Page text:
• Print Sales Reports
  • Tax Form Downloads
  • An Account Ledger which appears to go back to the beginning of time for any author doing business with D2D.

To the best of his knowledge, the only KDP data you can export to Excel is information from the KDP Quality Notifications Dashboard – something of interest to Amazon folks who probably get dinged by their bosses if a single typo exists the appendix of more than three KDP books.

For the record, PG says you should try to avoid typos in your ebooks and fix those which anybody finds, but compared to detailed and timely sales information for indie authors, an Excel spreadsheet with comprehensive sales data is far more important.

And whatever information that allows an indie author to sell more books, to see what promotion strategies do and don’t work to goose downloads, should be of interest to KDP as well because more information lets smart authors figure out how to sell more books.

One additional point – The Kindle Create ebook formatting tool provided by KDP offers only ugly and generic design themes for ebooks. Yes, you can read them, but the resulting ebooks definitely have a generic, computer-generated look.

Draft2Digital has far more sophisticated ebook formatting tools than KDP offers. The resulting ebooks convey quality in the way they look in addition to the words they contain.

Therefore:

Amazon KDP – Wake Up! It’s 2021! If anybody from the Mother Ship notices what you’re doing, they won’t like what they see!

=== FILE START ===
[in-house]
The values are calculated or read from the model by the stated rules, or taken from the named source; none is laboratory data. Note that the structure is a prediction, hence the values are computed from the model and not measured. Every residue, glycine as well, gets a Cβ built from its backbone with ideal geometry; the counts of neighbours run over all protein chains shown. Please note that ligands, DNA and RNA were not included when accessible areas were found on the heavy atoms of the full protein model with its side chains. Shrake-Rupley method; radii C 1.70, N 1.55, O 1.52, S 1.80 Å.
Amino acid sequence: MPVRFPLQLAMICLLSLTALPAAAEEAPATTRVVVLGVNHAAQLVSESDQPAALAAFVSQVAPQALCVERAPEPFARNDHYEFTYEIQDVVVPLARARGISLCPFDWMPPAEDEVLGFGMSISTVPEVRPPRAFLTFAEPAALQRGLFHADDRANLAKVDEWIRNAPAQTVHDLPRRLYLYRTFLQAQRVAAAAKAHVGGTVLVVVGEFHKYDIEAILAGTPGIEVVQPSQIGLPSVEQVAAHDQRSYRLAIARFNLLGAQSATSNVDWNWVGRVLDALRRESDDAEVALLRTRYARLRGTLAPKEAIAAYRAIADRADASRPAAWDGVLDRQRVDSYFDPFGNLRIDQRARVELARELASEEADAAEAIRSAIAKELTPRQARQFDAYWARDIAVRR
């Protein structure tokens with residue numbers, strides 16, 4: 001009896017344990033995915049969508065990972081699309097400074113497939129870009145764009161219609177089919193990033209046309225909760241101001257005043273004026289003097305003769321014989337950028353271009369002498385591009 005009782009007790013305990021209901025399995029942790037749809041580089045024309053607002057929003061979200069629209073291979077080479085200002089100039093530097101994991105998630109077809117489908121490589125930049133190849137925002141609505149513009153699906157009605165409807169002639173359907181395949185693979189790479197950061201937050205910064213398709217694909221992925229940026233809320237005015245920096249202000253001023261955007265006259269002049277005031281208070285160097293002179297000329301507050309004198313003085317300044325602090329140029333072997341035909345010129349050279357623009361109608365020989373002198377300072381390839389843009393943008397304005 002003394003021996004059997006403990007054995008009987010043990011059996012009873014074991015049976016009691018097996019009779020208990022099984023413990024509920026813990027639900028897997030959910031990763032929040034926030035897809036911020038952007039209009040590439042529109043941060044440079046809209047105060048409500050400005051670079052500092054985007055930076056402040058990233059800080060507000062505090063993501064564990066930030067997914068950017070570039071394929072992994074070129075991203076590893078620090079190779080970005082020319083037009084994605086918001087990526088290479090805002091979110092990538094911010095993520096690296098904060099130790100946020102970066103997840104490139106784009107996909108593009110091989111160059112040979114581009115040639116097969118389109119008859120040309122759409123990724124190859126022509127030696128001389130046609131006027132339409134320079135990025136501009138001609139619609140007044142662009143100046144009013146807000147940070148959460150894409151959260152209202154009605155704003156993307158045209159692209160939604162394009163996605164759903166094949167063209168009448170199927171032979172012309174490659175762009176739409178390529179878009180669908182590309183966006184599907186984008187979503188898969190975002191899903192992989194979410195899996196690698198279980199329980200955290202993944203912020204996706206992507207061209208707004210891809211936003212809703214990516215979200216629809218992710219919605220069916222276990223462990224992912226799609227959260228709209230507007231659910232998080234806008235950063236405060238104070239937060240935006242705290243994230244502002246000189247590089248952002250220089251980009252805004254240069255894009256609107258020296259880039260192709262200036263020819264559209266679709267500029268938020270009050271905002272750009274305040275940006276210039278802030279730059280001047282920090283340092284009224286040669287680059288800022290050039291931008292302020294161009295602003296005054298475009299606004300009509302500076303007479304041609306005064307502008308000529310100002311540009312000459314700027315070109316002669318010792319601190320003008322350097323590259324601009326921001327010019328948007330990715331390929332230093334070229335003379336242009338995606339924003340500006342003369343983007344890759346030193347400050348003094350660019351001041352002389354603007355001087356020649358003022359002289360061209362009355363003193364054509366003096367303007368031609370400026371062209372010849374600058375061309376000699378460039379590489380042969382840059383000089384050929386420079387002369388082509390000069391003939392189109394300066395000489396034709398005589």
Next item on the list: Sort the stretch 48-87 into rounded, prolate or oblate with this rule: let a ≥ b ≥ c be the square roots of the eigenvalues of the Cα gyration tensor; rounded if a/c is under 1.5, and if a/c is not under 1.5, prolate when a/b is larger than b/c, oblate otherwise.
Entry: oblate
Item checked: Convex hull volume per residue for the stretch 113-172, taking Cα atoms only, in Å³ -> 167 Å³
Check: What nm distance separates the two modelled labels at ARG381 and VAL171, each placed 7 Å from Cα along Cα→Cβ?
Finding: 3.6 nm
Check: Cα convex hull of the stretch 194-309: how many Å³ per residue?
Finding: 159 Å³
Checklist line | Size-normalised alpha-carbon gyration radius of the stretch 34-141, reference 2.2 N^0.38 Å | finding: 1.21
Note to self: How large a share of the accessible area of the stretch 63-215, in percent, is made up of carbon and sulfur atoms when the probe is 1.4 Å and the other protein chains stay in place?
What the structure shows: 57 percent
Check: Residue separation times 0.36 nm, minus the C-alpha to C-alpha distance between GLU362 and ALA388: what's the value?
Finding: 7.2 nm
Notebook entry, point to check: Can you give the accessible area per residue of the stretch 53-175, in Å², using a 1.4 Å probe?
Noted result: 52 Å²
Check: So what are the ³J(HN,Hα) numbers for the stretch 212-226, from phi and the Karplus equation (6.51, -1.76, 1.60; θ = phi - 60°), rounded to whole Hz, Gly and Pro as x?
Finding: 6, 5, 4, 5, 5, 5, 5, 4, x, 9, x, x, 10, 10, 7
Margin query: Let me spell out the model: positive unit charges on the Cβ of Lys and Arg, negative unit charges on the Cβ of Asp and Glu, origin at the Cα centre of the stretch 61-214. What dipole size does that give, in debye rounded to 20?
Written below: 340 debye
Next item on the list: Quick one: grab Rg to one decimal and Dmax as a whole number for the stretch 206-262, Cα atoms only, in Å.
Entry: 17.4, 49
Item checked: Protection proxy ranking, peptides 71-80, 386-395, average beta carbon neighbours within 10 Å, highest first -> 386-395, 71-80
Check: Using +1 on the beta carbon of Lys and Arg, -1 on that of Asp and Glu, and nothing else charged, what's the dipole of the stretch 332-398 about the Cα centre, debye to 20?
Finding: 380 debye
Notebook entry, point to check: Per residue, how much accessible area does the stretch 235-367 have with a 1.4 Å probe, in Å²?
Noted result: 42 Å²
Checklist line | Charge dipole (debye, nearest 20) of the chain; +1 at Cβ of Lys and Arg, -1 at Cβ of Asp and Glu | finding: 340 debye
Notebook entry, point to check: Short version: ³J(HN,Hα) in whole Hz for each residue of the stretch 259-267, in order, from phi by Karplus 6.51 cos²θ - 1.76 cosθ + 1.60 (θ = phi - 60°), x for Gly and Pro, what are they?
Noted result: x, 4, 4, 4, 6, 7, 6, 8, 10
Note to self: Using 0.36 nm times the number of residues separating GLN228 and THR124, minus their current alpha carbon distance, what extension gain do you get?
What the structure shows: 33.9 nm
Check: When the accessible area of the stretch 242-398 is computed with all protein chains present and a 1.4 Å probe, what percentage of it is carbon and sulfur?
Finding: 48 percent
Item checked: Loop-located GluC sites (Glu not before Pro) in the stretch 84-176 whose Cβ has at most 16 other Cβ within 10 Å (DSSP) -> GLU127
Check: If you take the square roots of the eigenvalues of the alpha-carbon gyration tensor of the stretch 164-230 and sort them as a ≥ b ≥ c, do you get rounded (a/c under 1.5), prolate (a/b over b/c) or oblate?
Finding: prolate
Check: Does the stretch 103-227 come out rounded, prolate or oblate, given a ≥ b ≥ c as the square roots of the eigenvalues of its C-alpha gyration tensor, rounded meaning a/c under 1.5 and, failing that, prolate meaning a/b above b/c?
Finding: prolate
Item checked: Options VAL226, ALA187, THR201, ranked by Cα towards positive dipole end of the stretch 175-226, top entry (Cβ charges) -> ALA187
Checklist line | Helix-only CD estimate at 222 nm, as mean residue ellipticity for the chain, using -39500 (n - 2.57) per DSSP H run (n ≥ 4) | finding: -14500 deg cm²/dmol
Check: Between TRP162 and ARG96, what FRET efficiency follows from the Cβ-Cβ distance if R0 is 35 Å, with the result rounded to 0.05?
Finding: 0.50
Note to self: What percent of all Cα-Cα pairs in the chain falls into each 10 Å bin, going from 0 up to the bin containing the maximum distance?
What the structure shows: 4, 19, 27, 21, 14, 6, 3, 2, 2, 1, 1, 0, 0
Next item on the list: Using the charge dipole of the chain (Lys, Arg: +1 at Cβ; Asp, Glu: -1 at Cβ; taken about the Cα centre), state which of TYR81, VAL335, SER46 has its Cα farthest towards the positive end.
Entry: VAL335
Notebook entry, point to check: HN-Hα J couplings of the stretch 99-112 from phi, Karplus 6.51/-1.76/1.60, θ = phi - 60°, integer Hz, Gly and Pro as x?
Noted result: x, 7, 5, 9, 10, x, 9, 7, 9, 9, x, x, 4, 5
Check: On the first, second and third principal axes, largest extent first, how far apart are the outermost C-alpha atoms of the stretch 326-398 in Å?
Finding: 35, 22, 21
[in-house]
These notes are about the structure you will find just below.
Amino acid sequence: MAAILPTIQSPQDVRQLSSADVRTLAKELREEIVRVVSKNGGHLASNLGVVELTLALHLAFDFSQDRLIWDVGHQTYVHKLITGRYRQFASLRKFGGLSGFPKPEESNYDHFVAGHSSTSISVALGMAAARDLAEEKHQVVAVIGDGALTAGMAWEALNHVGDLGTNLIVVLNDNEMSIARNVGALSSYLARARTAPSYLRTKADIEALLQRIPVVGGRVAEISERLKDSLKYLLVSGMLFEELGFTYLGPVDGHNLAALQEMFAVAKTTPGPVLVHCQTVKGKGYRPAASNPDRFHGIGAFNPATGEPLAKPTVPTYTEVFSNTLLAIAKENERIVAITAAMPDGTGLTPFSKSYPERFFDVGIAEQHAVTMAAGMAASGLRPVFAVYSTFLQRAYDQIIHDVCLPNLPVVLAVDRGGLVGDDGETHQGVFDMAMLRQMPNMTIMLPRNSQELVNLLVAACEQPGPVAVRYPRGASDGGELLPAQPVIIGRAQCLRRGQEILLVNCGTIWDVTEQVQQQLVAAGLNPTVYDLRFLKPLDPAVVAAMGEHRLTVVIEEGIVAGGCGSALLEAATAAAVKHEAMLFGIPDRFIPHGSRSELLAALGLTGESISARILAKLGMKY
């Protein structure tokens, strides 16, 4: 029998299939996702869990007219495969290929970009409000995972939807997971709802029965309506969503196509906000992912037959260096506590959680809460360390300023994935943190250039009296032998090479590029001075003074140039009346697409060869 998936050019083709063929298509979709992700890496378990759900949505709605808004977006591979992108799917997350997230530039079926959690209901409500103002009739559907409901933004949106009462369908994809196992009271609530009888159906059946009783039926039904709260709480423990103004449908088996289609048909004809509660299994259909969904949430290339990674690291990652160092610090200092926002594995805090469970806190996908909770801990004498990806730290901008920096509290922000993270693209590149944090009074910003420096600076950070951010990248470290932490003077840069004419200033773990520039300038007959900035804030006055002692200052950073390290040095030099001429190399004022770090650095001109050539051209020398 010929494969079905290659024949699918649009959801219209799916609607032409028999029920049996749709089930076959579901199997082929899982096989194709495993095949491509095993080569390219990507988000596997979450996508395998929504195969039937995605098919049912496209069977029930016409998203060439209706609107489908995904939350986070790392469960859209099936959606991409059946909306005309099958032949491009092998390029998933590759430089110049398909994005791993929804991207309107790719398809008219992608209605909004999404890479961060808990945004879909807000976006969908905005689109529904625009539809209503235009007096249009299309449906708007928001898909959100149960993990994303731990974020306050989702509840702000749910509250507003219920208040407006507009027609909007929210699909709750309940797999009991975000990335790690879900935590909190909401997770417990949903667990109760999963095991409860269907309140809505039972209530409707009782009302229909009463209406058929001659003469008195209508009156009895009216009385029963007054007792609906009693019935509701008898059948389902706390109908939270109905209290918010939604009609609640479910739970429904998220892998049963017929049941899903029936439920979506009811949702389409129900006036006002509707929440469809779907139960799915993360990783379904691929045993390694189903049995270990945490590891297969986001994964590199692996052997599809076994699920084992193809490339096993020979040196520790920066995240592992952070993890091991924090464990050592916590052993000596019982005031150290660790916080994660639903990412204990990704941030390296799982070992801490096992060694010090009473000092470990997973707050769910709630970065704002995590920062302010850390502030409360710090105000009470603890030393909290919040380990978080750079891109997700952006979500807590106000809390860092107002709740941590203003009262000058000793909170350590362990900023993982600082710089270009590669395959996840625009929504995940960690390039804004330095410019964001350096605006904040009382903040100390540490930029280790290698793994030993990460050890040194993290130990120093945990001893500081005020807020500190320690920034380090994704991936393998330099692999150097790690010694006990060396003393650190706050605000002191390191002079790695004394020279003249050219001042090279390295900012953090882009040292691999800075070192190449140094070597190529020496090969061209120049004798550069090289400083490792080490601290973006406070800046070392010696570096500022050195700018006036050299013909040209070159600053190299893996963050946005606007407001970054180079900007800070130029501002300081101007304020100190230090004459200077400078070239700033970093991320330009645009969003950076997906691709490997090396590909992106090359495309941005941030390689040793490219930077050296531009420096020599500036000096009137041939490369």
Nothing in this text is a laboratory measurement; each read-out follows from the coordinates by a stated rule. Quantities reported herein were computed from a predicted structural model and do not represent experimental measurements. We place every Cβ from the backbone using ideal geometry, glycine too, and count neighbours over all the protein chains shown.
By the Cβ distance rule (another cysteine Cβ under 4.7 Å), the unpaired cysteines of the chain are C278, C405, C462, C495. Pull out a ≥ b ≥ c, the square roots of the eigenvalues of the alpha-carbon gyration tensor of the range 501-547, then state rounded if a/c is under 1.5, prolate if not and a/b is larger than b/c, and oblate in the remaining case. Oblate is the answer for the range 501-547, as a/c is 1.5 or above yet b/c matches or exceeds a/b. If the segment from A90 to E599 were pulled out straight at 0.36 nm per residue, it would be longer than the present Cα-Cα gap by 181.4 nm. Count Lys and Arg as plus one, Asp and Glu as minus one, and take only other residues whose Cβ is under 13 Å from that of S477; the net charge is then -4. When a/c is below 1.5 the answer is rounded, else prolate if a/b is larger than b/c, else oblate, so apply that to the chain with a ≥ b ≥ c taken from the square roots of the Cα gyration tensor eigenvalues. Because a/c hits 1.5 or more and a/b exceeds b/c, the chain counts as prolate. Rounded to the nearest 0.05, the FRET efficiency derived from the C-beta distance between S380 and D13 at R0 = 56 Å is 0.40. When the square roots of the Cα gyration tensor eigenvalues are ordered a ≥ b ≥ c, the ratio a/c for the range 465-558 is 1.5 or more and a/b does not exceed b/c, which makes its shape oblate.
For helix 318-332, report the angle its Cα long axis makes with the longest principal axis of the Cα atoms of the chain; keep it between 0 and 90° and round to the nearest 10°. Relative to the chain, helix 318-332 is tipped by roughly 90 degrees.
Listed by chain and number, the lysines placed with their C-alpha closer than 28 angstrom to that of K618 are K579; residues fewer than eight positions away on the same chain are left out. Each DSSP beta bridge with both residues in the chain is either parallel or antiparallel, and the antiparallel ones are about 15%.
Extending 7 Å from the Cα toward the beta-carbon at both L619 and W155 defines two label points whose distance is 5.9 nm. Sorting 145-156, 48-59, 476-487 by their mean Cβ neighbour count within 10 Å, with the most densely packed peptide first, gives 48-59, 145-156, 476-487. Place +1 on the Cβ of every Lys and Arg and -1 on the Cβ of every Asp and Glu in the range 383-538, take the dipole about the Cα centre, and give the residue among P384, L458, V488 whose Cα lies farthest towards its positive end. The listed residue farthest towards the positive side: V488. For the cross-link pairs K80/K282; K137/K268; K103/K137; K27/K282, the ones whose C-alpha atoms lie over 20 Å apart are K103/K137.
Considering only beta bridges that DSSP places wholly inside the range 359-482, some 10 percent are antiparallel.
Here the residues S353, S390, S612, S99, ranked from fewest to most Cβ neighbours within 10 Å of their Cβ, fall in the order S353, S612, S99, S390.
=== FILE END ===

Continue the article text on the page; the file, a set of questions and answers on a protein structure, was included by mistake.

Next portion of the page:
Draft2Digital – Keep on doing a Great Job! You can continue to be smarter and faster than The Zon!

3 thoughts on “How to Develop a Marketing and Promotion Plan as an Indie Author”

  1. On the current reports dashboard, at the bottom of the page, is a “Generate Report” button – that creates an Excel (xslx format only, alas) spreadsheet for download. I’m not sure how useful it is (I have my own quirky system) – but it is there.

    Otherwise…

    In the beta, I agree, I see no way to get a spreadsheet download.

    Kindle Create I also have no opinion on – again, I do my own control-freak thing there by creating the various source files for running through the KindleGen tool.

    • Yes. Given my own tech background, I build my own ebook files (Sigil) to create the EPUB, and use KindleGen to create the MOBI from that. (This has just recently changed — no more MOBI files. Amazon will now take EPUBs directly. https://kdp.amazon.com/en_US/help/topic/G79CTKR8BX79E96L) When I add/change a book, I put it up directly to all the channels that allow it (for better control), and via aggregators for those that don’t. Right now, that’s about 7-8 channels. And to match that, I need to track those same channels for the sales and performance information.

      There are various downloadable spreadsheets in pretty much all the Amazon control/reporting pages (sales, marketing, affiliates, etc.) if you can find them, but they’re all a bit different and nothing is unified. Part of my nerd approach is an overall destination spreadsheet of my own into which I input the partial data from all channel sources. That’s what I use for oversight and planning, but you have to be a nerd like me and build your own to get to that level (email me if you want a peek).

      Almost no authors I know feel the itch for this much detail and are looking for some unspecified outsider to offer a product that integrates all the channels in an unorganized market both for one-stop distribution and one-stop reporting, but the best that exist constrain you to something like D2D and only part of the market. This is not likely to change. My background is as a COO for tech companies, and so I expect to have to roll my own, but it’s not for everyone.